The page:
Expanded WTO Pact on Government Procurement Takes Effect
An expanded plurilateral agreement designed to eliminate discrimination in government procurement took effect April 6 for ten economies. The World Trade Organization estimates that the revised Government Procurement Agreement will yield market access gains of $80-100 billion a year for participating WTO members, an 8-10% increase from the GPA’s existing coverage.
A WTO press release states that changes to the GPA include the following.
- numerous government ministries and agencies added to the scope of the agreement
- coverage extended to new services and other areas of public procurement activities
- text streamlined and modernized to include, for example, standards related to the use of electronic procurement tools
- new provision added relating to the prevention of corrupt practices in the parties’ procurement systems
- scope of original agreement reinforced to promote the conservation of natural resources and protect the environment through the application of appropriate technical specifications
- improved transitional measures incorporated to facilitate accession by developing and least-developed economies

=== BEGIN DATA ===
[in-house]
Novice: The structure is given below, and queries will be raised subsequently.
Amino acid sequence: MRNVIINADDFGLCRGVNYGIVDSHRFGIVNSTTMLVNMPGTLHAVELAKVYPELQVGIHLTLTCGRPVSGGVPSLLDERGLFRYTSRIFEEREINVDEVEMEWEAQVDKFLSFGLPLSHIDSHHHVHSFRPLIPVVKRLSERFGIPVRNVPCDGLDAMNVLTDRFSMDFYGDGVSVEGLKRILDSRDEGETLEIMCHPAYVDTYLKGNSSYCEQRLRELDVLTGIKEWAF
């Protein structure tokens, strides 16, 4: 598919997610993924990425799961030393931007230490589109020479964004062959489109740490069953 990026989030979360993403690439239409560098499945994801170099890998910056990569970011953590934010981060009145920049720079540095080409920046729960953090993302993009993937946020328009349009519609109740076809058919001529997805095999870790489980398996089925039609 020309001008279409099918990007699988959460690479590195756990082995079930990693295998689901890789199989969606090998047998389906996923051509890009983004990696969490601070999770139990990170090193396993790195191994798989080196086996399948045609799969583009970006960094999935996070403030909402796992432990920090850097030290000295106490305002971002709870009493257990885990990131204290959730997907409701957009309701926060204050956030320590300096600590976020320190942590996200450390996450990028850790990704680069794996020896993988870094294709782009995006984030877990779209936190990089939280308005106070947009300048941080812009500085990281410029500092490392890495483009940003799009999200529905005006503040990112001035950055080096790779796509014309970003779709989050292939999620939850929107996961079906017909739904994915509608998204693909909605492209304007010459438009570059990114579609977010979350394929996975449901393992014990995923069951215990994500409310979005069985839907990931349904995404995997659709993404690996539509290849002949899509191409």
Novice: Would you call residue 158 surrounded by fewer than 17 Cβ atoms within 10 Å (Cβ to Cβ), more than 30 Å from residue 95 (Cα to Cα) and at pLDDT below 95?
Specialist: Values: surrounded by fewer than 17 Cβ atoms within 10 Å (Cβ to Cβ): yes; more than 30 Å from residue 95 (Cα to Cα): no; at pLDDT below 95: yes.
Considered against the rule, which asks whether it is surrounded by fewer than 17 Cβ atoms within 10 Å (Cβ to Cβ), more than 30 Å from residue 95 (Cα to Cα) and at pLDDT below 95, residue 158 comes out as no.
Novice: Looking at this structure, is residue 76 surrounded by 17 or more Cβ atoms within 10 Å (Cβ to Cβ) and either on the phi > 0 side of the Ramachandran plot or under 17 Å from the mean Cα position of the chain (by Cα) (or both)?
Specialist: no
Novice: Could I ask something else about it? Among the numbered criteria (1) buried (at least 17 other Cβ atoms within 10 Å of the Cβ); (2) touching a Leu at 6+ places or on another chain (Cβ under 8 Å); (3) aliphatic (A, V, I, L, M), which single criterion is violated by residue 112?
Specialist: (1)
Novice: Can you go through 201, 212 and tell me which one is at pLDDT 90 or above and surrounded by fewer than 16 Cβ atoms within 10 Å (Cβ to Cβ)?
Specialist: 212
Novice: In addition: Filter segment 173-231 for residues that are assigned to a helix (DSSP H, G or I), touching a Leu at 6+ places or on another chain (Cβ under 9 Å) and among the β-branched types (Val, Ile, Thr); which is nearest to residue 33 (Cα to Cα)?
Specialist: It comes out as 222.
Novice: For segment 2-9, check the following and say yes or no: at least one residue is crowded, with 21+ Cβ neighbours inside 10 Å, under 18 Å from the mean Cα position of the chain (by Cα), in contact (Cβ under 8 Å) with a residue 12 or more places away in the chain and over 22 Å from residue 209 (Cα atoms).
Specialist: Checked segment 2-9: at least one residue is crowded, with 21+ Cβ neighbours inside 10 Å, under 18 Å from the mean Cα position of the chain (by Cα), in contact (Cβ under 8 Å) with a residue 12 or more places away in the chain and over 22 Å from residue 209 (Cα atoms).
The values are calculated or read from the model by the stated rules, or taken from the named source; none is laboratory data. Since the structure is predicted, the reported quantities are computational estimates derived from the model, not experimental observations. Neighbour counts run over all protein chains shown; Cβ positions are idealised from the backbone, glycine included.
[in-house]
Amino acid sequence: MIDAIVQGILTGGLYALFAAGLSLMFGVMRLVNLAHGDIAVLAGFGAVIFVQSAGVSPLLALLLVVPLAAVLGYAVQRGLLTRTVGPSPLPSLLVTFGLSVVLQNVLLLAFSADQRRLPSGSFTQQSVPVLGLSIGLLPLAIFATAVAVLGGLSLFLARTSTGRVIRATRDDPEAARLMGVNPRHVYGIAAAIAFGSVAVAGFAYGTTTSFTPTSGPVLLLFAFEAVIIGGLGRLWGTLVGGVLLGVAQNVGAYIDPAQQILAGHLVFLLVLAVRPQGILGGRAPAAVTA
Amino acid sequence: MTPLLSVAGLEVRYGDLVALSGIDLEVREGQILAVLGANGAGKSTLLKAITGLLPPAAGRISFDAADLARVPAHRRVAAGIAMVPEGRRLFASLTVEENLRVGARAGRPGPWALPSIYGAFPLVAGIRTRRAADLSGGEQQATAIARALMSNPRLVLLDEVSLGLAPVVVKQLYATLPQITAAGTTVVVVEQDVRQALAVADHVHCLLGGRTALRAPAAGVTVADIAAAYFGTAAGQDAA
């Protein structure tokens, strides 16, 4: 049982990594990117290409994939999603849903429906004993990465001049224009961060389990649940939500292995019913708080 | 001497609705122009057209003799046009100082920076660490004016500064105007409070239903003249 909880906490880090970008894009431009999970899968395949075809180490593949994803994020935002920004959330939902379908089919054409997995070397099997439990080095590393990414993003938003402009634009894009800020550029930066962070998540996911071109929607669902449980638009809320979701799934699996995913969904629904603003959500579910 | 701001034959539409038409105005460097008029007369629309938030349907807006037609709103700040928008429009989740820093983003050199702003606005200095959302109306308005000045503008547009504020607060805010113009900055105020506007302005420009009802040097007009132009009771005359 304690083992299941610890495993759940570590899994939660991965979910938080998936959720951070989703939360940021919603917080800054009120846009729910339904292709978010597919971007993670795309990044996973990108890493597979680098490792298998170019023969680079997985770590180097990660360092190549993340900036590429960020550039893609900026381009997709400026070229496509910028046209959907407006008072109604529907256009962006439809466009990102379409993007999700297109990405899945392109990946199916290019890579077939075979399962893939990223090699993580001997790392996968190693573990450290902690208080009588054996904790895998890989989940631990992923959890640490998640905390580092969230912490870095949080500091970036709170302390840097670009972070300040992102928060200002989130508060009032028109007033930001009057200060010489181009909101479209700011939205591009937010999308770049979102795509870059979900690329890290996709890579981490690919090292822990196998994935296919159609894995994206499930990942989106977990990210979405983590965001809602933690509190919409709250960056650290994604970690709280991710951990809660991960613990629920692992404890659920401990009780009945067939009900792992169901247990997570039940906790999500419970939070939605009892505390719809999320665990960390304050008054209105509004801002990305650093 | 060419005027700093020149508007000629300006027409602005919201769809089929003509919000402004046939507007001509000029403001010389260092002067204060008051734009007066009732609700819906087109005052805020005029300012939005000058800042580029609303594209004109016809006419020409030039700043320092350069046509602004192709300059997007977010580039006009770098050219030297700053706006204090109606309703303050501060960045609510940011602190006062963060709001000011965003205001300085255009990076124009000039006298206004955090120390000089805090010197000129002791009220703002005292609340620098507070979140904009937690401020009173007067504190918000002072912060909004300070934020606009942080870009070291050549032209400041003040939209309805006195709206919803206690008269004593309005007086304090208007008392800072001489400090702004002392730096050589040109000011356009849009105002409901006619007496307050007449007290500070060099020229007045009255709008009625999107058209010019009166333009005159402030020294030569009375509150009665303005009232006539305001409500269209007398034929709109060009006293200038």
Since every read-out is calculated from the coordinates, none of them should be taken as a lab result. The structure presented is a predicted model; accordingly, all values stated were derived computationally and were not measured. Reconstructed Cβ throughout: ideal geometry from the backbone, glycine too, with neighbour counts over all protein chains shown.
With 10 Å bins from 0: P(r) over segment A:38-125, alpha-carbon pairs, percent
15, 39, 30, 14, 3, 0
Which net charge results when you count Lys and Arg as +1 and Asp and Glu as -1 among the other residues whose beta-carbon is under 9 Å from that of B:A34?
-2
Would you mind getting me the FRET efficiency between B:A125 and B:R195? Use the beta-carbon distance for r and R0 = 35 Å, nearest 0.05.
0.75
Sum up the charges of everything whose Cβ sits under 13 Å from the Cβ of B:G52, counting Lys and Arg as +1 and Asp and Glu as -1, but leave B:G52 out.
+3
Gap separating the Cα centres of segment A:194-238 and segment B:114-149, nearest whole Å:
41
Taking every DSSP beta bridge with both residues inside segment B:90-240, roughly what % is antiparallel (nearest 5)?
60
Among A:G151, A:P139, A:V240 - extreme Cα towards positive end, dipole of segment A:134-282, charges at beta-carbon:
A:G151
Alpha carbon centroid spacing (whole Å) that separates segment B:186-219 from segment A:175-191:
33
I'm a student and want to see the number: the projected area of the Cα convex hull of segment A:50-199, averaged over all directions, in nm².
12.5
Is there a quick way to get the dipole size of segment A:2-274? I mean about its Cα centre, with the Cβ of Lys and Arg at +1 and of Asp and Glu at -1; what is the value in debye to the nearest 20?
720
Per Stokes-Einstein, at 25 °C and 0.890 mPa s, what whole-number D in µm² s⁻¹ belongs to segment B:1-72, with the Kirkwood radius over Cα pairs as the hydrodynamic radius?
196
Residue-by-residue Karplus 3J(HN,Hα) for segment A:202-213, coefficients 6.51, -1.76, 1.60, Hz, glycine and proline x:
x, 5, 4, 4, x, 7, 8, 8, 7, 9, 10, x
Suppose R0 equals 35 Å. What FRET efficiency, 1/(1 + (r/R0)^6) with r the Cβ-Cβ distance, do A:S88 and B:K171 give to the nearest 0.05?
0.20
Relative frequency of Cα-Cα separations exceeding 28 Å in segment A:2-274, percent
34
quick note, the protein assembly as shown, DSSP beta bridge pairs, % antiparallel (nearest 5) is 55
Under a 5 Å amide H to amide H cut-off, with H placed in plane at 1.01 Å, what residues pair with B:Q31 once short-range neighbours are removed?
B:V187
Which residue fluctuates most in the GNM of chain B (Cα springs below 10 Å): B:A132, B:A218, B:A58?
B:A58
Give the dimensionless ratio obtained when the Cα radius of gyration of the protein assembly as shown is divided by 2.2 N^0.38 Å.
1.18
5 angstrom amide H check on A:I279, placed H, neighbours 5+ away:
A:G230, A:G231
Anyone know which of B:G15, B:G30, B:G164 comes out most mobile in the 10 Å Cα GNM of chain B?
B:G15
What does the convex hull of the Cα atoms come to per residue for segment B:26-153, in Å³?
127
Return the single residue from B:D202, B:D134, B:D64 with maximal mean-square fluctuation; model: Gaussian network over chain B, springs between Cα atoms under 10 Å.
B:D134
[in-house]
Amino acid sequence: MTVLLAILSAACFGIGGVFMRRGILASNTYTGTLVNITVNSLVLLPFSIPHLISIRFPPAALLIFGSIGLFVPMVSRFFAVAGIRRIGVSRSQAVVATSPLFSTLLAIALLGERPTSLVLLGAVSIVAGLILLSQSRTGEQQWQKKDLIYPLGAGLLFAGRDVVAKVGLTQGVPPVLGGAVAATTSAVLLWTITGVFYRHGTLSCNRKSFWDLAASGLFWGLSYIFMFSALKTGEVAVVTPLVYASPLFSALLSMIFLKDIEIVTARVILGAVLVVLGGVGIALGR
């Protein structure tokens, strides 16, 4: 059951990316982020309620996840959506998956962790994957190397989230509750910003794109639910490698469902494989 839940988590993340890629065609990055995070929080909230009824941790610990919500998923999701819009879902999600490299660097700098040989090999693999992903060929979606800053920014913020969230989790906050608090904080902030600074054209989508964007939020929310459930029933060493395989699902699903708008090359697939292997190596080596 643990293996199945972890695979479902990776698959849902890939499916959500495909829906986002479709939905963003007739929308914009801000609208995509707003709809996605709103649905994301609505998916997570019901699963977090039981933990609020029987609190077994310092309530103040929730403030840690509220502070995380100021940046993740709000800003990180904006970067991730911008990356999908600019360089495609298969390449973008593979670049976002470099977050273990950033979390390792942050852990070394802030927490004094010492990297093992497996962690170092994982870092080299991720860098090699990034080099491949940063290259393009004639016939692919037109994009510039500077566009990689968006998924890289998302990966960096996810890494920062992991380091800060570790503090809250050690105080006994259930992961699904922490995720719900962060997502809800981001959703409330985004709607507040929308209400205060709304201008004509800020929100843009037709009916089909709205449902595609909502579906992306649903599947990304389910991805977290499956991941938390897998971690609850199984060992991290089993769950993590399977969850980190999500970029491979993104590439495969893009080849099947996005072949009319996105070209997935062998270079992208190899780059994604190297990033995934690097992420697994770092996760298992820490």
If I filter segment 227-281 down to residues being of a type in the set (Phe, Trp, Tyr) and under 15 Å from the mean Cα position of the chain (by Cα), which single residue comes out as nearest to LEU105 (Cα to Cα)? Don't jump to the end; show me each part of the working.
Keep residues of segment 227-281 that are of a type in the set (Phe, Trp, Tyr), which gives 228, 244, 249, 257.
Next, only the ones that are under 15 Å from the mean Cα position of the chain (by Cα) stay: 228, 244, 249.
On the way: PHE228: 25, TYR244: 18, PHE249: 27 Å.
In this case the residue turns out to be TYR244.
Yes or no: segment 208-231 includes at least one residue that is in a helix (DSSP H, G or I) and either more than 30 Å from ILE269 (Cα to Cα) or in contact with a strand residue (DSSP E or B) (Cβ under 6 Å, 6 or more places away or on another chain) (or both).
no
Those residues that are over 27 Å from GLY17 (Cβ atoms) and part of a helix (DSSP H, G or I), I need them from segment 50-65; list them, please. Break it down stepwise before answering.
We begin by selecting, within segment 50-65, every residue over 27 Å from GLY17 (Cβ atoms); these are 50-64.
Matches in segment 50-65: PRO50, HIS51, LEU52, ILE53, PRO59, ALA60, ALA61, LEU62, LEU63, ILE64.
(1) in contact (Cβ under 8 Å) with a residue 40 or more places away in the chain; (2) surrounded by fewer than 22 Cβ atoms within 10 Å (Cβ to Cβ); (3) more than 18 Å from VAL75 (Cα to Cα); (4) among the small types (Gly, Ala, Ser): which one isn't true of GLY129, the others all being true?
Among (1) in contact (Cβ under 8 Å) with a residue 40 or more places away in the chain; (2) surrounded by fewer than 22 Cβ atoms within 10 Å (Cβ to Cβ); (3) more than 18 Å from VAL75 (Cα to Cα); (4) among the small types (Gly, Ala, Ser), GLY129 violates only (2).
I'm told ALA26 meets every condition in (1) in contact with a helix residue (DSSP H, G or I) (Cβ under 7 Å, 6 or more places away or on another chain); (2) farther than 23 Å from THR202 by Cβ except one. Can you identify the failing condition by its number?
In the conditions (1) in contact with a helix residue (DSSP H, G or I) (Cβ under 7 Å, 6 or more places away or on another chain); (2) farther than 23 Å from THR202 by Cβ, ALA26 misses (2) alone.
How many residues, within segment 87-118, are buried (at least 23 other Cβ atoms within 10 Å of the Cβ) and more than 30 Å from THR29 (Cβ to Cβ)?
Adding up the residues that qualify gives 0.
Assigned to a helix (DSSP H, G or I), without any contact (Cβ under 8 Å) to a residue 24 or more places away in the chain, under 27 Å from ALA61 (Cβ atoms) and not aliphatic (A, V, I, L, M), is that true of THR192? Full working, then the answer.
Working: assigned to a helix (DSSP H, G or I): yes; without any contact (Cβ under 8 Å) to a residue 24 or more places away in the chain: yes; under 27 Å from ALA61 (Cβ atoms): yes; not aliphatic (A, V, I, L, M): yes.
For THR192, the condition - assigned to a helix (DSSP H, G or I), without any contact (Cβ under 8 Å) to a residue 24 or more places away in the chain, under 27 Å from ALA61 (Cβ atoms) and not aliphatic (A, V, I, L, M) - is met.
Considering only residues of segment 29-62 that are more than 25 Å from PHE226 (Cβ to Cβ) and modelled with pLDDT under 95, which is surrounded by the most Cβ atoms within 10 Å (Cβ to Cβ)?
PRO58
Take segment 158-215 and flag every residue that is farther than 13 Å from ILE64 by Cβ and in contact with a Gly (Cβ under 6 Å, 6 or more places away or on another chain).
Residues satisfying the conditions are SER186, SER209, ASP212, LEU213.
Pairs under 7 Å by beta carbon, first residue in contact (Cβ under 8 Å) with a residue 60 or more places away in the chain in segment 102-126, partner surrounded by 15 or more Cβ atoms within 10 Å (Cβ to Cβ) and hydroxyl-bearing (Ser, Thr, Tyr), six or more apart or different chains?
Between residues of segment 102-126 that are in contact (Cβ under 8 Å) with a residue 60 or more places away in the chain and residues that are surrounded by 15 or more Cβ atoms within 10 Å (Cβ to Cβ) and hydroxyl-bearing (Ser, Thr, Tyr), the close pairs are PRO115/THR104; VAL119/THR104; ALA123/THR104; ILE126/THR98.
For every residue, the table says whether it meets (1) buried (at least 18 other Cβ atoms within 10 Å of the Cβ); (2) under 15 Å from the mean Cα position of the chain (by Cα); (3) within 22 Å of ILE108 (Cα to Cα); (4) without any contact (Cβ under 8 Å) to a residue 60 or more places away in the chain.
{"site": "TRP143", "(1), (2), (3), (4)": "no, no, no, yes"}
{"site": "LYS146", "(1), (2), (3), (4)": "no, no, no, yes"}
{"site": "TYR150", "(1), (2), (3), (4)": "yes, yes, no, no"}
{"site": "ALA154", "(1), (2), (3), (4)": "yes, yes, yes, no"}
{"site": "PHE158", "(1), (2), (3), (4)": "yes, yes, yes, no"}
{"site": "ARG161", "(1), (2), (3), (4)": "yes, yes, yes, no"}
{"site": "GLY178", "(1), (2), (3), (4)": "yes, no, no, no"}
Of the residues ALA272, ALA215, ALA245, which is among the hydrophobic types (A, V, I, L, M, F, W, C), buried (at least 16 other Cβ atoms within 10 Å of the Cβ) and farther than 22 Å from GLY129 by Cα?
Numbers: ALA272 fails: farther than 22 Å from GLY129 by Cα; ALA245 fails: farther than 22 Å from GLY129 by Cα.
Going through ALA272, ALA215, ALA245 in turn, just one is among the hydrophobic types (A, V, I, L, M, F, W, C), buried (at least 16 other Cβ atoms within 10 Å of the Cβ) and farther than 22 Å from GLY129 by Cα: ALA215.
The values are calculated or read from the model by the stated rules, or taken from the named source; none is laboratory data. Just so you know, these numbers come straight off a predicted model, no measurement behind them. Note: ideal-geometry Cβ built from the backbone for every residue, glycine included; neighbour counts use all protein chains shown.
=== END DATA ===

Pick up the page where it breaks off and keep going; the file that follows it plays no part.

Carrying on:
The revised GPA is now in force for Liechtenstein, Norway, Canada, Taiwan, the United States, Hong Kong, the European Union, Iceland, Singapore and Israel. It will come into force for Japan on April 16 and 30 days after formal adoption and notification to the WTO by the other four GPA parties (Armenia, South Korea, the Netherlands with respect to Aruba, and Switzerland).
According to the WTO, the GPA ensures that signatories do not discriminate against the products, services or suppliers of other parties with respect to the government procurement opportunities that are opened to foreign competition. It also requires transparent and competitive purchasing practices in the markets covered.
In addition to the 43 WTO members that already participate in the GPA (including the EU’s 28 member states), ten other WTO members — Albania, China, Georgia, Jordan, the Kyrgyz Republic, Moldova, Montenegro, New Zealand, Oman and Ukraine — have applied to join and another five — the former Yugoslav Republic of Macedonia, Mongolia, Russia, Tajikistan and Saudi Arabia — have provisions regarding GPA accession in their respective WTO accession protocols.